Maybe not at Google, because they seem especially fanatical about this (they have a PC police set up and everything, that patrols the hallways and email lists to stomp out any dissent), but smaller companies will be happy to fake their diversity.

Tech companies can worry about silly things because they can afford to! 

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8 hours ago, softwareNerd said:

Clearly it is possible for someone to lie about being a woman.
However, from the perspective of modern philosophy, can we know this is a lie, beyond a reasonable doubt? Is there any way for a third party to conclude it is a lie... to the level of evidence that would be required legally or by most companies? 

Well, that's why I mentioned invasion of privacy and being intrusive. On the one hand they'd want some hard science, so that takes medical tests to be sure. On the other hand, they'd want to look at personal expression to see how a person conforms to or ignores norms. That's what Jaskn described pretty well. Mix it together and a company might become fanatical as Nicky mentions, where all kinds of people are policed. Either that or they'd make no attempt to validate it, but instead make sure the company culture is set up so the only people who get a job already subscribe to their beliefs (like Jaskn's example of church communities).

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6 hours ago, JASKN said:

It occurred to me that there's a parallel with church communities. "All sinners welcome" at church, but it's really only those who accept the religious premises on some level. There's an unspoken line that is crossed if the ideology is threatened, and you will soon find yourself slowly shown the door via private "counseling" sessions, social shunning, etc. I've wondered how long a church would actually let me attend, openly as myself.

When I was in my late-teens to early-twenties, I went through a phase of seriously exploring religion. I considered myself an agnostic at the time, leaning heavily towards atheism, but I wanted to investigate some of the religions around me, to see whether there was anything there. I read the Bible, the Koran (or an English language version, at least), the Bhagavad-Gita, etc., and I attended some Churches and Bible studies. It was an interesting experience.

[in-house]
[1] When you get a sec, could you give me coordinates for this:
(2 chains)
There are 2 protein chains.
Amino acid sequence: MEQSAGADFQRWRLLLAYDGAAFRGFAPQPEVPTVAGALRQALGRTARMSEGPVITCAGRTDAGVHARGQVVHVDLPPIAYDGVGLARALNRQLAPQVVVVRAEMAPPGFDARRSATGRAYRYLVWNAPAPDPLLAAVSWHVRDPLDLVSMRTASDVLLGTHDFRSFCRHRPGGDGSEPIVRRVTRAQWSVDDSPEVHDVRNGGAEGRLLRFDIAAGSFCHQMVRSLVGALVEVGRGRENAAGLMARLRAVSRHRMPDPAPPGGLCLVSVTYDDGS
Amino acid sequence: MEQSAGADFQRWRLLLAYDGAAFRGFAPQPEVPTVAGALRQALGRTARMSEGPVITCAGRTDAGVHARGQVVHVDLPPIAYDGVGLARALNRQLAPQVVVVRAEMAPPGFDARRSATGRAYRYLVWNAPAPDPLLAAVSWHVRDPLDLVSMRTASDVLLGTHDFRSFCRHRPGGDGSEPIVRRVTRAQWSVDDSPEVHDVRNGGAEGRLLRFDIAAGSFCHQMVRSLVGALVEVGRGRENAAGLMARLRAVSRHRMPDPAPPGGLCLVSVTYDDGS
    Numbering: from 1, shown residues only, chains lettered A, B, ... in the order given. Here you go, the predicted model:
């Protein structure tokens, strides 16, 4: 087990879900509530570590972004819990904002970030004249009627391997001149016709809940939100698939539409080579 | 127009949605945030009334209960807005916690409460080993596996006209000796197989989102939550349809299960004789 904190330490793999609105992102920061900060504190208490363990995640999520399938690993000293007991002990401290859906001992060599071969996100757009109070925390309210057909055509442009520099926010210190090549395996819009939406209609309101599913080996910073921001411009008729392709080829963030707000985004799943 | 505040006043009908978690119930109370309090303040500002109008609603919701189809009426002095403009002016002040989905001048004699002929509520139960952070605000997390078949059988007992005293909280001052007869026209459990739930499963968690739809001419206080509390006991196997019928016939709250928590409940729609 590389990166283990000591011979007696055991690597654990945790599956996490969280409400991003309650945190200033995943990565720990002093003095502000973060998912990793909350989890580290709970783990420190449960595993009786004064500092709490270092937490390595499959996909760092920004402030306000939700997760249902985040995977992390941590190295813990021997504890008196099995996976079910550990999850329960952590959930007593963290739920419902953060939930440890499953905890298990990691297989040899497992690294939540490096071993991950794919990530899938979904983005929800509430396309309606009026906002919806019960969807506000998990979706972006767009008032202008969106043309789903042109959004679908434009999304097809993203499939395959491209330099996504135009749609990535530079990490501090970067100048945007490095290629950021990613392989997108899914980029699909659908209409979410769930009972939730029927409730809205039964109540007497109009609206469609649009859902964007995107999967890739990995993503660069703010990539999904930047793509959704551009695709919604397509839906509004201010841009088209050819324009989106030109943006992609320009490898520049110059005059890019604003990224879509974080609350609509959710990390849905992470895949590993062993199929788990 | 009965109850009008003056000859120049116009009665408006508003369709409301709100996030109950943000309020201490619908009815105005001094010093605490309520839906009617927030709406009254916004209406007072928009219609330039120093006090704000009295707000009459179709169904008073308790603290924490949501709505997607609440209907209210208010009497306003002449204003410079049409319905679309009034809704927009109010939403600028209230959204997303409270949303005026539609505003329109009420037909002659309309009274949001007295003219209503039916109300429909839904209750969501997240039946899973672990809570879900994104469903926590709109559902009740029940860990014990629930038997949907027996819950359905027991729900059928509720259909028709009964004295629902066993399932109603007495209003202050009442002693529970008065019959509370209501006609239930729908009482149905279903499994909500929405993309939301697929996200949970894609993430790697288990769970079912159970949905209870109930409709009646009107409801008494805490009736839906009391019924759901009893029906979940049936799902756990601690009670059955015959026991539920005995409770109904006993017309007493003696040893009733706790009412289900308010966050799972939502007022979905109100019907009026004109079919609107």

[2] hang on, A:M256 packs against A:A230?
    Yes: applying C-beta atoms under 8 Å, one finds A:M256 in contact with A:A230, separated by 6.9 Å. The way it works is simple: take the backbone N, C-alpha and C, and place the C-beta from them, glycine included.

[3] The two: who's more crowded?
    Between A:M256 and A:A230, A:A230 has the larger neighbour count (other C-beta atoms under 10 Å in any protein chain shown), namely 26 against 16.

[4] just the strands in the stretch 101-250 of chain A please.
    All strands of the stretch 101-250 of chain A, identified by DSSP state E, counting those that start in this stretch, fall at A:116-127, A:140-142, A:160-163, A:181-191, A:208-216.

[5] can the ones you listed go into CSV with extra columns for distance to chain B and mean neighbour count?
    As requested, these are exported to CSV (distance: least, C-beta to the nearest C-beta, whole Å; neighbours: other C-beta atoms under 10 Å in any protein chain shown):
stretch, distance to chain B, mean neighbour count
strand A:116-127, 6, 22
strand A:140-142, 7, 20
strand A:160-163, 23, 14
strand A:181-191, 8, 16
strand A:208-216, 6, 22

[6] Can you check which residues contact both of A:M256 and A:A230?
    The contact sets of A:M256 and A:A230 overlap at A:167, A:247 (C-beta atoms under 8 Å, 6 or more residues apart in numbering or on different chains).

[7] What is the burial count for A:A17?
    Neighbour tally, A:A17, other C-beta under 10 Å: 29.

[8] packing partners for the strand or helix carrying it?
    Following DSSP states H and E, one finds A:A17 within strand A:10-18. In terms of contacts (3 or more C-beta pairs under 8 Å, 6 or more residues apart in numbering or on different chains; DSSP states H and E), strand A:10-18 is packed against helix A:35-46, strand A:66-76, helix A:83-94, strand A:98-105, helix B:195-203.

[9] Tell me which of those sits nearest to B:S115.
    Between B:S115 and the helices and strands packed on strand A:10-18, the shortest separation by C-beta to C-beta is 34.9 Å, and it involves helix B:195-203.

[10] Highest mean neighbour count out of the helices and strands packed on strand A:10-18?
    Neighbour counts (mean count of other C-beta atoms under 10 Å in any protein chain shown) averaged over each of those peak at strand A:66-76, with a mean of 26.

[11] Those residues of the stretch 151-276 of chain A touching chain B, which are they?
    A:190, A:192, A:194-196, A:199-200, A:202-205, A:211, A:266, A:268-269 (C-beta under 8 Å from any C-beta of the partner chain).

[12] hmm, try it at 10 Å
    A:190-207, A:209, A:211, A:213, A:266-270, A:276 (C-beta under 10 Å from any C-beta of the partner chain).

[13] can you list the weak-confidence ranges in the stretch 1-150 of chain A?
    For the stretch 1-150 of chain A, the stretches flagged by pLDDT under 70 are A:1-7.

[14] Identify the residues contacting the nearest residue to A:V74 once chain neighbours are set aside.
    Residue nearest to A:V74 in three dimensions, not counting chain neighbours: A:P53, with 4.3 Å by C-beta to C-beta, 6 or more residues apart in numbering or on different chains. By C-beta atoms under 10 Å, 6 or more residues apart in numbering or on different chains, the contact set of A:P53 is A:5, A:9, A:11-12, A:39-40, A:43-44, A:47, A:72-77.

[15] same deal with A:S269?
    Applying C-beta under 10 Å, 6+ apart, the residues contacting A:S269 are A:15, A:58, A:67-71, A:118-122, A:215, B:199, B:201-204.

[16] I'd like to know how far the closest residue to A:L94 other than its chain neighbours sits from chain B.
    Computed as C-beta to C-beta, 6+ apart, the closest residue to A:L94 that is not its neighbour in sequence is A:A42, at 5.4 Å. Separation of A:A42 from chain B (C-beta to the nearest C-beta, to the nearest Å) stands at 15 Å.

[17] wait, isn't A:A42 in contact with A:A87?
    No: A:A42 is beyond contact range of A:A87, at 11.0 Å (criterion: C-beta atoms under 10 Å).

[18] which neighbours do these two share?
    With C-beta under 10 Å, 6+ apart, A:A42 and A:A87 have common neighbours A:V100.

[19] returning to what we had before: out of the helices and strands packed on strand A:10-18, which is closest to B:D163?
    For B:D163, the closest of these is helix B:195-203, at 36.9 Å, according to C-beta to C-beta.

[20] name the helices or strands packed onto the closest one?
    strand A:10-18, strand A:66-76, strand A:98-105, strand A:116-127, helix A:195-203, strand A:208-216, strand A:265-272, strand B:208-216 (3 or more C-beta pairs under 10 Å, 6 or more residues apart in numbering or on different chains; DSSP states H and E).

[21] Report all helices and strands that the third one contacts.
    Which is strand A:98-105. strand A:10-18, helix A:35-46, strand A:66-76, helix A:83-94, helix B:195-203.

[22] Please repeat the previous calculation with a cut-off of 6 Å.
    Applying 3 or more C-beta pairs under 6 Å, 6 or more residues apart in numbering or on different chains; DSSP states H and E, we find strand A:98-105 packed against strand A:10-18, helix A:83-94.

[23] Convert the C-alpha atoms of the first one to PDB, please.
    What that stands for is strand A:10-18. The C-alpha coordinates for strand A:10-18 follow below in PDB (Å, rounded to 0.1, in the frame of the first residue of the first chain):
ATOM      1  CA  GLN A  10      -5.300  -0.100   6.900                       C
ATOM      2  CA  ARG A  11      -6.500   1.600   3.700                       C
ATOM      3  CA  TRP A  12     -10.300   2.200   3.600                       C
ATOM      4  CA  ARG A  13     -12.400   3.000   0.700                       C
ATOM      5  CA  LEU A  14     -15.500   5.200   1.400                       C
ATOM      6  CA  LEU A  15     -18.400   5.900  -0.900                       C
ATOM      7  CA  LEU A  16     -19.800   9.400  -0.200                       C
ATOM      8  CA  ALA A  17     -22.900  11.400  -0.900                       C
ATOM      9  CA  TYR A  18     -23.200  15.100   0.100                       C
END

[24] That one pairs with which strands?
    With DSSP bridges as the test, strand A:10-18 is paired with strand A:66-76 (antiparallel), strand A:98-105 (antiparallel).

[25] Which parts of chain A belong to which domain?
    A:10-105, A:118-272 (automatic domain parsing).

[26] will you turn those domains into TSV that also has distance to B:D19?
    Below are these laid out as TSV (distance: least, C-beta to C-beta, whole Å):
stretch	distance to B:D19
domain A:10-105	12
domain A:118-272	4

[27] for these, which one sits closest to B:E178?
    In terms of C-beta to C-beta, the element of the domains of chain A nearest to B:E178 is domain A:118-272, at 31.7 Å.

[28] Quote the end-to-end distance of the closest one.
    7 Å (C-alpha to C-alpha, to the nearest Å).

Wherever I went, I went openly and honestly. I was philosophically hostile to Christianity... and I made no bones about that, but I still tried to be respectful in every setting. I think I found most favor among the fundamentalists...? There was a non-denominational, fundamentalist church and the youth pastor there seemed to like me. I became something of the token non-believer of the group, and everyone seemed to enjoy taking a crack at trying to persuade me. (And from their point of view, the very fact of my attendance must have indicated something positive, I guess; like Christ was calling me to the fold, and I just hadn't realized it yet.) I was even invited to the pastor's Christmas party, which was a trip.

I also became good friends with the Lutheran campus minister at my college. He and I bonded over ping pong and philosophical debate; I was invited to do a reading at his church, went to sunrise services for Easter, went caroling at retirement centers with the choir, and so forth. He was a very good guy, warm and intelligent.

The only really upsetting experience i had during that time was with the Mormons. I liked them all individually well enough, but when it became clear that I wasn't going to convert quickly to Mormonism, their church switched out the missionaries coming to my apartment, with whom I had developed a rapport, and I found that off-putting.

I remain utterly hostile towards religion, or perhaps moreso than I was at the time, but even as an open disbeliever my experiences among the religious overall were fairly friendly and enjoyable. (Probably a large part of this accounts to my "seeker" status and my youth at the time; if I tried doing this now, as a middle-aged Objectivist, I expect that my motivations would be called into question -- and perhaps with good reason! :))

Edited by DonAthos

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6 hours ago, JASKN said:

It occurred to me that there's a parallel with church communities. "All sinners welcome" at church, but it's really only those who accept the religious premises on some level.

Good point! In fact, coming off as not being a sinner may be far less welcome. Maybe this comes from my own specific experience, but I think the churches and church-goers I know would be more tolerant of an atheist than they would be of a fellow church-goer who insisted that he's lived the last decade without sinning.